Yesterday, we blogged about how you can make distilled absinthe, with links to websites that either sell stills or provide directions for creating homemade stills. But since distilling alcohol without a permit is illegal and distillation is a complicated, time-consuming process, today we're going to show you another option: how to make absinthe from herbal kits without any distillation.
Absinthe connoisseurs will tell you that if it isn't distilled, it isn't "real" absinthe -- and this is true, to some extent. The only way to get a very high-proof alcohol is to distill it, and traditionally, absinthe has always been distilled.
But thanks to the resurgence of absinthe (helped largely by its decriminalization in the United States), enterprising companies like www.greendevil.com and www.absinthekit.com have begun selling "absinthe kits" that allow people to easily make absinthe (or some semblance thereof) at home.
These kits average $35 each, but once you've got one, making your own absinthe is almost as easy as opening a bottle of wine.
The first kind of absinthe kit on the market is basically a tea bag of dried herbs (these are the types of kits sold at greendevil.com and absolutelyabsinthe.com). To make absinthe from one of these dried herb kits, simply put the bag of herbs in a glass container and add two liters of alcohol (you'll want to use a grain alcohol; Everclear or vodka usually work best). Let the herbs soak in the alcohol for five days. Refrigerating absinthe is not recommended, as many of the herbal oils are not soluble in very cold temperatures, and the absinthe could louche (cloud) before you're ready to drink it.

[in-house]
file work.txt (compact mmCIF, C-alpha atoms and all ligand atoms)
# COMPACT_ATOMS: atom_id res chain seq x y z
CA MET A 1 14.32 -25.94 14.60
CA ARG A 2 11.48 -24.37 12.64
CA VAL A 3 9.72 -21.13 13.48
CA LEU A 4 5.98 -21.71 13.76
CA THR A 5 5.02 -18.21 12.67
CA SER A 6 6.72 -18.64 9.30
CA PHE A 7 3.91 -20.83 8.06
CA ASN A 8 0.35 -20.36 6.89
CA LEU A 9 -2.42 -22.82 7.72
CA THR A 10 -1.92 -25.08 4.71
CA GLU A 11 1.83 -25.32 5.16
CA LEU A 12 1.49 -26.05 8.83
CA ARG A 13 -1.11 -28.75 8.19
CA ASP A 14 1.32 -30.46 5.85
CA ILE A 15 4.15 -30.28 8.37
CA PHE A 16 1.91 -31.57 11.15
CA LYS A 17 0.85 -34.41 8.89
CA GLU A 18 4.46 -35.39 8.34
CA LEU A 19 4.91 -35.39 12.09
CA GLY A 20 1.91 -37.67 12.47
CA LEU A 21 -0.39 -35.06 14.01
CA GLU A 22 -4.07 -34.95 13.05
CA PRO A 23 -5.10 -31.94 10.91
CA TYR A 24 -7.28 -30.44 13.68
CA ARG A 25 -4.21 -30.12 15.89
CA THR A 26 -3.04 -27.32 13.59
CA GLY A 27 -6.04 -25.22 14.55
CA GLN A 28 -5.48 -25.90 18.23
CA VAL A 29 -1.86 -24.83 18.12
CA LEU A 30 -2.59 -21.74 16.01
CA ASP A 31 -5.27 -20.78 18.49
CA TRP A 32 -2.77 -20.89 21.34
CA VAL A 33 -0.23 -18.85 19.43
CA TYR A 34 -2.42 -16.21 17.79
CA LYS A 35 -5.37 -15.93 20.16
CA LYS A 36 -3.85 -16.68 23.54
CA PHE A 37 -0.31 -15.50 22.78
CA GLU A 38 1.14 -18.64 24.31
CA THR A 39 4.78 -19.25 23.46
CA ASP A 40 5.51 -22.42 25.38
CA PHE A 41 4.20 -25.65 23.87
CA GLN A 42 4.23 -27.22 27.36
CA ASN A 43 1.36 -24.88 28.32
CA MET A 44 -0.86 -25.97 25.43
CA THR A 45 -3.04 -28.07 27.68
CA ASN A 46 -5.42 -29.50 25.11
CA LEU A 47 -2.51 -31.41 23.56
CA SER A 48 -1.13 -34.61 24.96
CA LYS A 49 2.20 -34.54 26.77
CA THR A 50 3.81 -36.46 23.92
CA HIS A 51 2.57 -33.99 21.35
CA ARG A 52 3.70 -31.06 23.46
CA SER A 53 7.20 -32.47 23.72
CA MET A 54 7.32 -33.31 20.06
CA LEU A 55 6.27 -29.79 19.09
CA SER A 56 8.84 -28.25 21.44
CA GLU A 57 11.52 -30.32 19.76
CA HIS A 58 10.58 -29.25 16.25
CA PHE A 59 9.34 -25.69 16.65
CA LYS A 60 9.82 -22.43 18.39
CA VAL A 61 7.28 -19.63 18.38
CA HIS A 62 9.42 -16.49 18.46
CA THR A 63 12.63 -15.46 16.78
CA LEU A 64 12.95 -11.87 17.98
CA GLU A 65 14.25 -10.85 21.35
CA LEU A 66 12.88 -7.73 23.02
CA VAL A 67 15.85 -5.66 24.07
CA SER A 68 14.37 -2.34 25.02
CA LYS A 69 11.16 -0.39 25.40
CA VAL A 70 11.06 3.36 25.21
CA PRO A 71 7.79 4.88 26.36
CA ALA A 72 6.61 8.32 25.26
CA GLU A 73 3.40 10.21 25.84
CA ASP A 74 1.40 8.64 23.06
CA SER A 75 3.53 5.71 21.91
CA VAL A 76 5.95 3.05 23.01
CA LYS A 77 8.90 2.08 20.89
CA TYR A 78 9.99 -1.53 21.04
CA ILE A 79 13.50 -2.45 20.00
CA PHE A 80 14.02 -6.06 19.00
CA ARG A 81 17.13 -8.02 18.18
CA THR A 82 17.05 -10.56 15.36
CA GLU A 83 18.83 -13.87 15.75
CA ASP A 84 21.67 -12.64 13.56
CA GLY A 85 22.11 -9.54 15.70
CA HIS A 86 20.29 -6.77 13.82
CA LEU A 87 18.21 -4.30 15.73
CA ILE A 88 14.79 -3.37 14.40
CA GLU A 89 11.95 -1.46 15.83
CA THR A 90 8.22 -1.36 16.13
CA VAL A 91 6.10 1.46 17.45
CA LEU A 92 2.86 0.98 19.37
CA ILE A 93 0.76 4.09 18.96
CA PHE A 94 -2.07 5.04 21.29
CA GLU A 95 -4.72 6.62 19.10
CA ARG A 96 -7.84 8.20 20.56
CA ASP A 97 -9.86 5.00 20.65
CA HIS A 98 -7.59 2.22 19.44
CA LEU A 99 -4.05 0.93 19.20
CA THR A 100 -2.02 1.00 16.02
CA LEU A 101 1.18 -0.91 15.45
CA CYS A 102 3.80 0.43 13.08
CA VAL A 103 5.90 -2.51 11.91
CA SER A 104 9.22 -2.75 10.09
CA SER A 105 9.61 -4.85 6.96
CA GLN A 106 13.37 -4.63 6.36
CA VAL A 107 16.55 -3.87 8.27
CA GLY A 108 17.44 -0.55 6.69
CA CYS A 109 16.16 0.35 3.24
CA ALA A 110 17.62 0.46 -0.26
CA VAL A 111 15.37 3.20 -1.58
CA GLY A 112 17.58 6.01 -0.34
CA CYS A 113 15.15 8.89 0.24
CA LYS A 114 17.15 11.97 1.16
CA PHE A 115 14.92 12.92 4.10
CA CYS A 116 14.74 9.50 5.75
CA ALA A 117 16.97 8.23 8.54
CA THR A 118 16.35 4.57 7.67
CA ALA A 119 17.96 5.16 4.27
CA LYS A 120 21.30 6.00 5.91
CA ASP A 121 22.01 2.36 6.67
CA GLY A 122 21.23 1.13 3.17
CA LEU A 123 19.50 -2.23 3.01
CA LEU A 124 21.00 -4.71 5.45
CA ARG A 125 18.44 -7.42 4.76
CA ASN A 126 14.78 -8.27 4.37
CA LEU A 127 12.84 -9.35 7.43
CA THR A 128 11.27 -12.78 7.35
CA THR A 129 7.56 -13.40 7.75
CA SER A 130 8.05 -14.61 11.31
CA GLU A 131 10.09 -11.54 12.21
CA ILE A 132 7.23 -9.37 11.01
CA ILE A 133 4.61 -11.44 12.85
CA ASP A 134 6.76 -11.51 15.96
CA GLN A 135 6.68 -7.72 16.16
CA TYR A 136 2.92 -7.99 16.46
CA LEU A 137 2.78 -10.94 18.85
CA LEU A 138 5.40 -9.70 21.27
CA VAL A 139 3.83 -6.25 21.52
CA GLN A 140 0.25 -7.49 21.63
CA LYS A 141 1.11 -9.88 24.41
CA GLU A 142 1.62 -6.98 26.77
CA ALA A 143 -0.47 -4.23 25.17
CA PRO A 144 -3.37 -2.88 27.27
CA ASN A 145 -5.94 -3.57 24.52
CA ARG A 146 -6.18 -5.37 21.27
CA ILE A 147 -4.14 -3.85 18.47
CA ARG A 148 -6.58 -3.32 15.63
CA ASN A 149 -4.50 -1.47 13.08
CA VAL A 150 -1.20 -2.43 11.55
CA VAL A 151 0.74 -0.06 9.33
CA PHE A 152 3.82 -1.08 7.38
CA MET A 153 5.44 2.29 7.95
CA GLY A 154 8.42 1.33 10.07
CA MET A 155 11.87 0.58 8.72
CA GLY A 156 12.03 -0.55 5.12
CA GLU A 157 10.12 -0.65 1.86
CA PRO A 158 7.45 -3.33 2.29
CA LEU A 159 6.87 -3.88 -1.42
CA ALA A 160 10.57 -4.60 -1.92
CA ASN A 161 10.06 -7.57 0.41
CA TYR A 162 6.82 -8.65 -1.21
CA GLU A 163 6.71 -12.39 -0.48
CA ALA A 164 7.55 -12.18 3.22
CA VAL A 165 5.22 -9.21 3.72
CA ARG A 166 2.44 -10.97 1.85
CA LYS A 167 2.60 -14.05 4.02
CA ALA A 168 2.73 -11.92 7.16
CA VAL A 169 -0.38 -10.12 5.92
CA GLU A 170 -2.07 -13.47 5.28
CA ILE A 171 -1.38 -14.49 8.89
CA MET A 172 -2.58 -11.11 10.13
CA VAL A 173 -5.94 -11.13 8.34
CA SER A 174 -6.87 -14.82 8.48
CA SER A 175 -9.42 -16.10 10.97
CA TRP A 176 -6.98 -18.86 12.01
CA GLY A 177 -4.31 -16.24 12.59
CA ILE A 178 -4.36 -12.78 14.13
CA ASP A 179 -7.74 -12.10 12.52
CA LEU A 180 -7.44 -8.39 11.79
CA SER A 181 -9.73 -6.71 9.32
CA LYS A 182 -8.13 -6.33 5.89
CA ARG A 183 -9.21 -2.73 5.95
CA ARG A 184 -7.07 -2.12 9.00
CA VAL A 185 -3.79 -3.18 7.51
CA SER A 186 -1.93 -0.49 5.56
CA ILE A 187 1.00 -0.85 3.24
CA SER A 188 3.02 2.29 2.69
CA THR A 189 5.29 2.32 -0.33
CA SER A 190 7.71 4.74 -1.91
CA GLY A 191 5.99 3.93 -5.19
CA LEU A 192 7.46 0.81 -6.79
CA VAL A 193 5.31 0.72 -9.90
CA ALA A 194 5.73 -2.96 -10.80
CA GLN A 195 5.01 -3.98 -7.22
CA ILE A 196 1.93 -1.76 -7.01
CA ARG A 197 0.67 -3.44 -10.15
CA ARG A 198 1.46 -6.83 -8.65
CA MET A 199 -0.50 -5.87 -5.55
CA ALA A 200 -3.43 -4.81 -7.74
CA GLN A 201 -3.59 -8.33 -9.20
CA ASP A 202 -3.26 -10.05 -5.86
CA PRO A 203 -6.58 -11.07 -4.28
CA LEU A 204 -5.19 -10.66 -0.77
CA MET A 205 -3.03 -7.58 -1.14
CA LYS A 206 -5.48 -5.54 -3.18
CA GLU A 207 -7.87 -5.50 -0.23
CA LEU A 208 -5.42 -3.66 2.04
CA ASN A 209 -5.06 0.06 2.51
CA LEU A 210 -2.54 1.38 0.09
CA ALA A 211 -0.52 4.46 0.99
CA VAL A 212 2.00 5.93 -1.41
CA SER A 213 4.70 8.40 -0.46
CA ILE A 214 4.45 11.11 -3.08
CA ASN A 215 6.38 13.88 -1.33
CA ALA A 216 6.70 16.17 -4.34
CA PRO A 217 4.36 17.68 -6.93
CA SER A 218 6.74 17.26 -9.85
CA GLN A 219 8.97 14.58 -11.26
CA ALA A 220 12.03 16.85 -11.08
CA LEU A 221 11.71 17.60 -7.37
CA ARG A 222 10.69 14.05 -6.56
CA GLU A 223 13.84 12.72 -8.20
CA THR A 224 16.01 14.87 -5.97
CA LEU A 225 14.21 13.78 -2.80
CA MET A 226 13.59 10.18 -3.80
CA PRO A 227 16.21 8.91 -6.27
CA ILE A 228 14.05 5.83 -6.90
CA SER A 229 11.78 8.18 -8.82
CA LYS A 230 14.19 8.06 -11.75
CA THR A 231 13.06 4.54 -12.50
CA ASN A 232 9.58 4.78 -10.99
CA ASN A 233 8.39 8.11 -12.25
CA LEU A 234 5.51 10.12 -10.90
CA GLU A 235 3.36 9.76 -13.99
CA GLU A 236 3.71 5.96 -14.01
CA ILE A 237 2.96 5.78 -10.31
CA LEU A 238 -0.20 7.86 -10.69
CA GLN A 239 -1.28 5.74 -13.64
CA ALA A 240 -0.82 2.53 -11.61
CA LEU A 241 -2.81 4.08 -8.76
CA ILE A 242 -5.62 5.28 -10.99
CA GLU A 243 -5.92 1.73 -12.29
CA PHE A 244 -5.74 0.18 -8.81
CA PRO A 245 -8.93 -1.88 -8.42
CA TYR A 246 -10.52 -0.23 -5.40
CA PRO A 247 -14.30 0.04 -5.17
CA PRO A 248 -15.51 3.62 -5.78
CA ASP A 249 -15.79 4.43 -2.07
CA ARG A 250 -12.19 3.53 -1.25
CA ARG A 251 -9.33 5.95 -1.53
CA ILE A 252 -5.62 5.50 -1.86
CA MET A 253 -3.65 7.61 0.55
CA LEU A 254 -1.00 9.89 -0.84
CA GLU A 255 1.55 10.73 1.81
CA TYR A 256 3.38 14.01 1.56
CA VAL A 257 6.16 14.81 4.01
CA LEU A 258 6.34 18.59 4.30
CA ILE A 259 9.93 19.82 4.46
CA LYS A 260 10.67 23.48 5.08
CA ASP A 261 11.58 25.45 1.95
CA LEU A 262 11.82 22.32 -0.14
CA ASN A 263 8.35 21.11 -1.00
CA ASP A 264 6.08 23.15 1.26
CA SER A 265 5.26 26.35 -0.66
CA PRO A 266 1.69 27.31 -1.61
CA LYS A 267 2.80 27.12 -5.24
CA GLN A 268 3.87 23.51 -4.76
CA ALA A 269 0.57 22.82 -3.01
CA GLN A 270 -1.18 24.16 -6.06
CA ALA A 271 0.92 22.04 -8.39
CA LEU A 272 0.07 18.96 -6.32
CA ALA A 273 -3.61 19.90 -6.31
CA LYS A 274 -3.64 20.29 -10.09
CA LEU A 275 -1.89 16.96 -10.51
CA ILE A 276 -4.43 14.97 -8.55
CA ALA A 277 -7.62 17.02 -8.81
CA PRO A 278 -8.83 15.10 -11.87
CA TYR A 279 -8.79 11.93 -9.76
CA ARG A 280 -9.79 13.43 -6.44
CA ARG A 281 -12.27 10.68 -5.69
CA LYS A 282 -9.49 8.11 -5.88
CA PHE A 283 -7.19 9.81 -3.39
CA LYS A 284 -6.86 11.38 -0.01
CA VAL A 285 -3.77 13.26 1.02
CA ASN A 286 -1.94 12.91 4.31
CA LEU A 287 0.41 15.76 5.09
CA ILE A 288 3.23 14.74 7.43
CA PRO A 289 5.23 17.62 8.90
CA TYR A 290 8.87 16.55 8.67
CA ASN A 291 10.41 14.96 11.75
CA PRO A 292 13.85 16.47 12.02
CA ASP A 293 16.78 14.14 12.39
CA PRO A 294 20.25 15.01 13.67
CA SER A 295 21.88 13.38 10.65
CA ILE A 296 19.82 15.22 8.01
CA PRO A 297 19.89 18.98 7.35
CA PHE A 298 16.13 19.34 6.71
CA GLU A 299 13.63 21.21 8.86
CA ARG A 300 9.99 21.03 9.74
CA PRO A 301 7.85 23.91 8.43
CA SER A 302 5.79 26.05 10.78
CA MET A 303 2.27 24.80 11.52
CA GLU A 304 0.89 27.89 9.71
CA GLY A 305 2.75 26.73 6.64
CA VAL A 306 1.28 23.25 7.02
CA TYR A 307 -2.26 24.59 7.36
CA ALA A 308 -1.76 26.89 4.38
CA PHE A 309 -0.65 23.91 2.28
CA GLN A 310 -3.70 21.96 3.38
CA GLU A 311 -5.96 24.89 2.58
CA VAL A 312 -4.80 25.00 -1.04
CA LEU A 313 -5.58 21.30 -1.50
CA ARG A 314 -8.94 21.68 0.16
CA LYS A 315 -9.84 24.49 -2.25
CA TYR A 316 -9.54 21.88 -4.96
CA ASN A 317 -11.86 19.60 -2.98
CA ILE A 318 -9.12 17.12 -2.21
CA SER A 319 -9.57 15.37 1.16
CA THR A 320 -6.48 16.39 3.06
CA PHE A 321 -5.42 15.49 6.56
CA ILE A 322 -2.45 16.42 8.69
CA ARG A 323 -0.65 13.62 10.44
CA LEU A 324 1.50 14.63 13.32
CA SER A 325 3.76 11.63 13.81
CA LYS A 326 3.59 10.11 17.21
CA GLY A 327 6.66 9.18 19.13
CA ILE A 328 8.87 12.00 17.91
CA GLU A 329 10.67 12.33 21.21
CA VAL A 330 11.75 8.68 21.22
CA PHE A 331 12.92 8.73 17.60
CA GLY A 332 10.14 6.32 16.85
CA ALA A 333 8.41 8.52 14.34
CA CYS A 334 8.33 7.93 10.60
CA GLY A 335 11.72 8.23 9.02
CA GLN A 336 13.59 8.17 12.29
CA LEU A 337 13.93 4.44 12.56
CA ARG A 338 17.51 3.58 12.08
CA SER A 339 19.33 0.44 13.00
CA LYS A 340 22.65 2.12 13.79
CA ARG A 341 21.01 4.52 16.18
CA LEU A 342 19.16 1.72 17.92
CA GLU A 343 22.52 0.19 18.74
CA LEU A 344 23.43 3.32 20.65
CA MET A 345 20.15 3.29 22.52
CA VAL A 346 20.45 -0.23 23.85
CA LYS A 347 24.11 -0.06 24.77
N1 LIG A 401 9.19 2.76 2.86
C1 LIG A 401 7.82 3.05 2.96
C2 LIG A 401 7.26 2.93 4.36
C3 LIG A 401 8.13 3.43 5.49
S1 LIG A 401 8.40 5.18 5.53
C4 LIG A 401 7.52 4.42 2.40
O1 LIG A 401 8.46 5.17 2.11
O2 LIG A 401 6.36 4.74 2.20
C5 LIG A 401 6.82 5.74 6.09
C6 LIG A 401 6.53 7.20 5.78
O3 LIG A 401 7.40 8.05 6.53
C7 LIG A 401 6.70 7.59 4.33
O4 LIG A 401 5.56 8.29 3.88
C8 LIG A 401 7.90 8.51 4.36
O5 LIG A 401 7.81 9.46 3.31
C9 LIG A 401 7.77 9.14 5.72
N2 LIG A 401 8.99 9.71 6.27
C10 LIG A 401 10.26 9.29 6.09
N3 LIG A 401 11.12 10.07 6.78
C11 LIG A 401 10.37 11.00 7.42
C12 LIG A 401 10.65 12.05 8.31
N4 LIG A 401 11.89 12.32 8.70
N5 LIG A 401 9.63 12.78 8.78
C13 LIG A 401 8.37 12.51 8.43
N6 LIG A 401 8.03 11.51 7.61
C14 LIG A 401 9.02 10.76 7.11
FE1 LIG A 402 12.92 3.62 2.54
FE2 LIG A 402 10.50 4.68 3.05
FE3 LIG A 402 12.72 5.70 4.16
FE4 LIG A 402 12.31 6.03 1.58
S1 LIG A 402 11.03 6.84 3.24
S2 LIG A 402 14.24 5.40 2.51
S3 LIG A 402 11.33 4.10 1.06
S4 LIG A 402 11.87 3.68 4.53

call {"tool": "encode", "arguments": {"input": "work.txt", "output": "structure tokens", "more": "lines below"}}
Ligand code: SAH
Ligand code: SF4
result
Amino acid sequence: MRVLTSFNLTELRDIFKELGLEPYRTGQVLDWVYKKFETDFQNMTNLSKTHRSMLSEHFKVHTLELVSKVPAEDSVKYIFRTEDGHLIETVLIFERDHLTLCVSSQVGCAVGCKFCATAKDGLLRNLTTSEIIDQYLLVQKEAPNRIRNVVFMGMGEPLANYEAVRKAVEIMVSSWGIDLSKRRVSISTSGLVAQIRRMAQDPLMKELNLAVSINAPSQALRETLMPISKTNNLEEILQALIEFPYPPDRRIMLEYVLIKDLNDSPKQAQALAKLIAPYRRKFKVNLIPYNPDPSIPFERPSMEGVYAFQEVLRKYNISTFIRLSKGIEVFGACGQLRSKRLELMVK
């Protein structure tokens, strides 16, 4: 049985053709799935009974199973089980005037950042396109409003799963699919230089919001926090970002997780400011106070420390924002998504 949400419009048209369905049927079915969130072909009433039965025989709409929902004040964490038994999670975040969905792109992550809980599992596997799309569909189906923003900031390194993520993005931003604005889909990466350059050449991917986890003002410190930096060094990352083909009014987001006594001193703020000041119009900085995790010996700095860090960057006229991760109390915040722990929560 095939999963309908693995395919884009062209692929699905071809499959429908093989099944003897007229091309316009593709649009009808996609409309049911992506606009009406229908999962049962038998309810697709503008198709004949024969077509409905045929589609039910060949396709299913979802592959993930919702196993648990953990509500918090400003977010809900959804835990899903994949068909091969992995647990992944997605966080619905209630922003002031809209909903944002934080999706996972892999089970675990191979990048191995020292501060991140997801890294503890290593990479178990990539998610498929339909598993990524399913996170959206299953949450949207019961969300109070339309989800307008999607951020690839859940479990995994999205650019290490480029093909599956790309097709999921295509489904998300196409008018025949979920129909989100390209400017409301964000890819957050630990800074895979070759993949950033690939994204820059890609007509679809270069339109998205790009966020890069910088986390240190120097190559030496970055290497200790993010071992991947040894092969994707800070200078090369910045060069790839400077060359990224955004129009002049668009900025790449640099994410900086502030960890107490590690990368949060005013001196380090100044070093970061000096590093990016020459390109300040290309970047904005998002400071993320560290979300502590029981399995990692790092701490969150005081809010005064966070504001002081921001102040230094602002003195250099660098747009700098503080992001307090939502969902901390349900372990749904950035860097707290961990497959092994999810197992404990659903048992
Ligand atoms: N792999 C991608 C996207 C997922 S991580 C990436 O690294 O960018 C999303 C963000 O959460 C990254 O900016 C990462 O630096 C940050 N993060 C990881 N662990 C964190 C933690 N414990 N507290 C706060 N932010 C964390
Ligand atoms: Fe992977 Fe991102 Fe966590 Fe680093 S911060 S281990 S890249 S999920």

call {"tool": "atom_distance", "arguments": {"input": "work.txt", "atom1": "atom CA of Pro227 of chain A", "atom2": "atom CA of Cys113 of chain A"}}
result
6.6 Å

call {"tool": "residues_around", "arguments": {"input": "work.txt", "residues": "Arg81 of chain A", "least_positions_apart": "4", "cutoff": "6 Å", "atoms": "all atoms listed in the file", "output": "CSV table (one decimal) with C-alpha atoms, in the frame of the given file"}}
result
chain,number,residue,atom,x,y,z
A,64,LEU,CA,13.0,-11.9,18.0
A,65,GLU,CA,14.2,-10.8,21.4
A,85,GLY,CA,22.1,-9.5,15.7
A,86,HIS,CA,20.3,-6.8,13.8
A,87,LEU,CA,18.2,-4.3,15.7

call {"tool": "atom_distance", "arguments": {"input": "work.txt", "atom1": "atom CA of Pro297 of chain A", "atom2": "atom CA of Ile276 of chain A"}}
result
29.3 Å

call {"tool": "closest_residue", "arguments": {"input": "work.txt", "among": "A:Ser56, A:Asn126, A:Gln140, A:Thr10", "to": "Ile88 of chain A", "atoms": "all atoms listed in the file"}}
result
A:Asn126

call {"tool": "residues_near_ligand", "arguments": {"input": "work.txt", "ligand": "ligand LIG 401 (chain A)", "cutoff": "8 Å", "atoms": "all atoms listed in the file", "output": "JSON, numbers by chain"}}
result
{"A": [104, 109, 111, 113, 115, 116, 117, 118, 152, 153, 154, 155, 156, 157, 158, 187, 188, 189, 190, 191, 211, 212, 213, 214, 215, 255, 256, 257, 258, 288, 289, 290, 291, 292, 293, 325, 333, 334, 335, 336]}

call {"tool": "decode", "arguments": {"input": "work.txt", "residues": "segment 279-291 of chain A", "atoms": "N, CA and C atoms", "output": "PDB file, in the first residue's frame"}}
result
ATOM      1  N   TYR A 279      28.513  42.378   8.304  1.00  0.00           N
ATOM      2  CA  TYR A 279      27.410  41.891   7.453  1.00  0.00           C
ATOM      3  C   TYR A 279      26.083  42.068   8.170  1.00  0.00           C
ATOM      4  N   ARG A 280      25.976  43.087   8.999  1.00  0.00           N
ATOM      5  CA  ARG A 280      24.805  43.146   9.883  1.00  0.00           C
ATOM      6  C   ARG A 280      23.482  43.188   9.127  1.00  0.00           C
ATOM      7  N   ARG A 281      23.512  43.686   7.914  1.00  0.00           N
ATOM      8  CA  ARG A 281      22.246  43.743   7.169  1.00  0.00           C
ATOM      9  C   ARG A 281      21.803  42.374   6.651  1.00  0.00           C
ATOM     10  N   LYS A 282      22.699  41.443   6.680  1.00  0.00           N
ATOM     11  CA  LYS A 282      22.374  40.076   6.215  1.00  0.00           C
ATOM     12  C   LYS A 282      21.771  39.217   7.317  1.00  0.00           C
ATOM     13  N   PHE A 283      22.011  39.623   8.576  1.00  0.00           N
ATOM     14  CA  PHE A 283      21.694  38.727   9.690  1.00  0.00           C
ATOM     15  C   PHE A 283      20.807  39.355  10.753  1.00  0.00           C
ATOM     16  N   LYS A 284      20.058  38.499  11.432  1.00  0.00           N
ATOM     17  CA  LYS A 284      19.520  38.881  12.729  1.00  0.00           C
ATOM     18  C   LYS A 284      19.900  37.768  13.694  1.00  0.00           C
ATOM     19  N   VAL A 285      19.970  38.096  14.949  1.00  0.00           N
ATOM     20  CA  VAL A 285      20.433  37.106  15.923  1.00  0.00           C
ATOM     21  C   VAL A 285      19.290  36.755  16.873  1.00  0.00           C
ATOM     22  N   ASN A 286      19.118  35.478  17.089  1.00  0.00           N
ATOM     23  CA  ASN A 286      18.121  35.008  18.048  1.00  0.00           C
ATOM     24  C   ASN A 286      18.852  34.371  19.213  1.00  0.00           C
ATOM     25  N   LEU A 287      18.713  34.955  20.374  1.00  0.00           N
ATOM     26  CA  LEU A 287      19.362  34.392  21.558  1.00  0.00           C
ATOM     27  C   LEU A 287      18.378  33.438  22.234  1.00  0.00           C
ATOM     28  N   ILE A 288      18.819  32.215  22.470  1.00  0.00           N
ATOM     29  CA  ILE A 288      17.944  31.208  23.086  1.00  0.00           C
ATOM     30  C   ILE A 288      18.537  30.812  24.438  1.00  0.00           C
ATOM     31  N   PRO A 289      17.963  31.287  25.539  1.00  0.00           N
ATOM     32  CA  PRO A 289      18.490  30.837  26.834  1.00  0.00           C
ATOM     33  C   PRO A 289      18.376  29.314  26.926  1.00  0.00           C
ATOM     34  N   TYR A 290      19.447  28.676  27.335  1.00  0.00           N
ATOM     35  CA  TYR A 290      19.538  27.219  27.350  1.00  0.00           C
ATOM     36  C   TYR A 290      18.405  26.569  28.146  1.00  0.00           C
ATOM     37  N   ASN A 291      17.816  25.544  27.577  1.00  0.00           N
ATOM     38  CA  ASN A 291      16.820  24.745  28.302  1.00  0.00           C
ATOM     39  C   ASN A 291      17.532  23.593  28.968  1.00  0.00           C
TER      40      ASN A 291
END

After the herbs soak in the alcohol for five days, squeeze all liquid from the bag of herbs into your absinthe-to-be, then rinse the herb bag with vodka and squeeze it into your alcohol again. Then, pour the absinthe through a filter (like a coffee filter). Many absinthe kits come with "micron filters" that fit into funnels, and multiple filterings are recommended (at least three filterings per absinthe batch). Once you've filtered your absinthe several times, it's ready to be bottled and consumed.
If you don't even want to bother with letting herbs sit for several days and multiple filterings, the absinthe kits at sites like www.absinthekit.com and www.absinthe-dealer.com make homemade absinthe even easier. These kits are small bottles of concentrated liquid, often marketed as "essences of absinthe," that contain all the absinthe herbs (including wormwood).
To make absinthe using one of these liquid essences, just add the essence to alcohol (again, go with Everclear or vodka). Generally, you'll want to use no more than 2/3 of an ounce of absinthe essence per 25 ounces of alcohol. Once you've mixed your essences and alcohol, your homemade absinthe is ready to drink.
Now that we've shown you how to make distilled absinthe and how to make absinthe from kits, we're ready to recommend the best brands of absinthe you can buy. Check back with us tomorrow for the skinny on buying absinthe, along with a couple special absinthe drink recipes.
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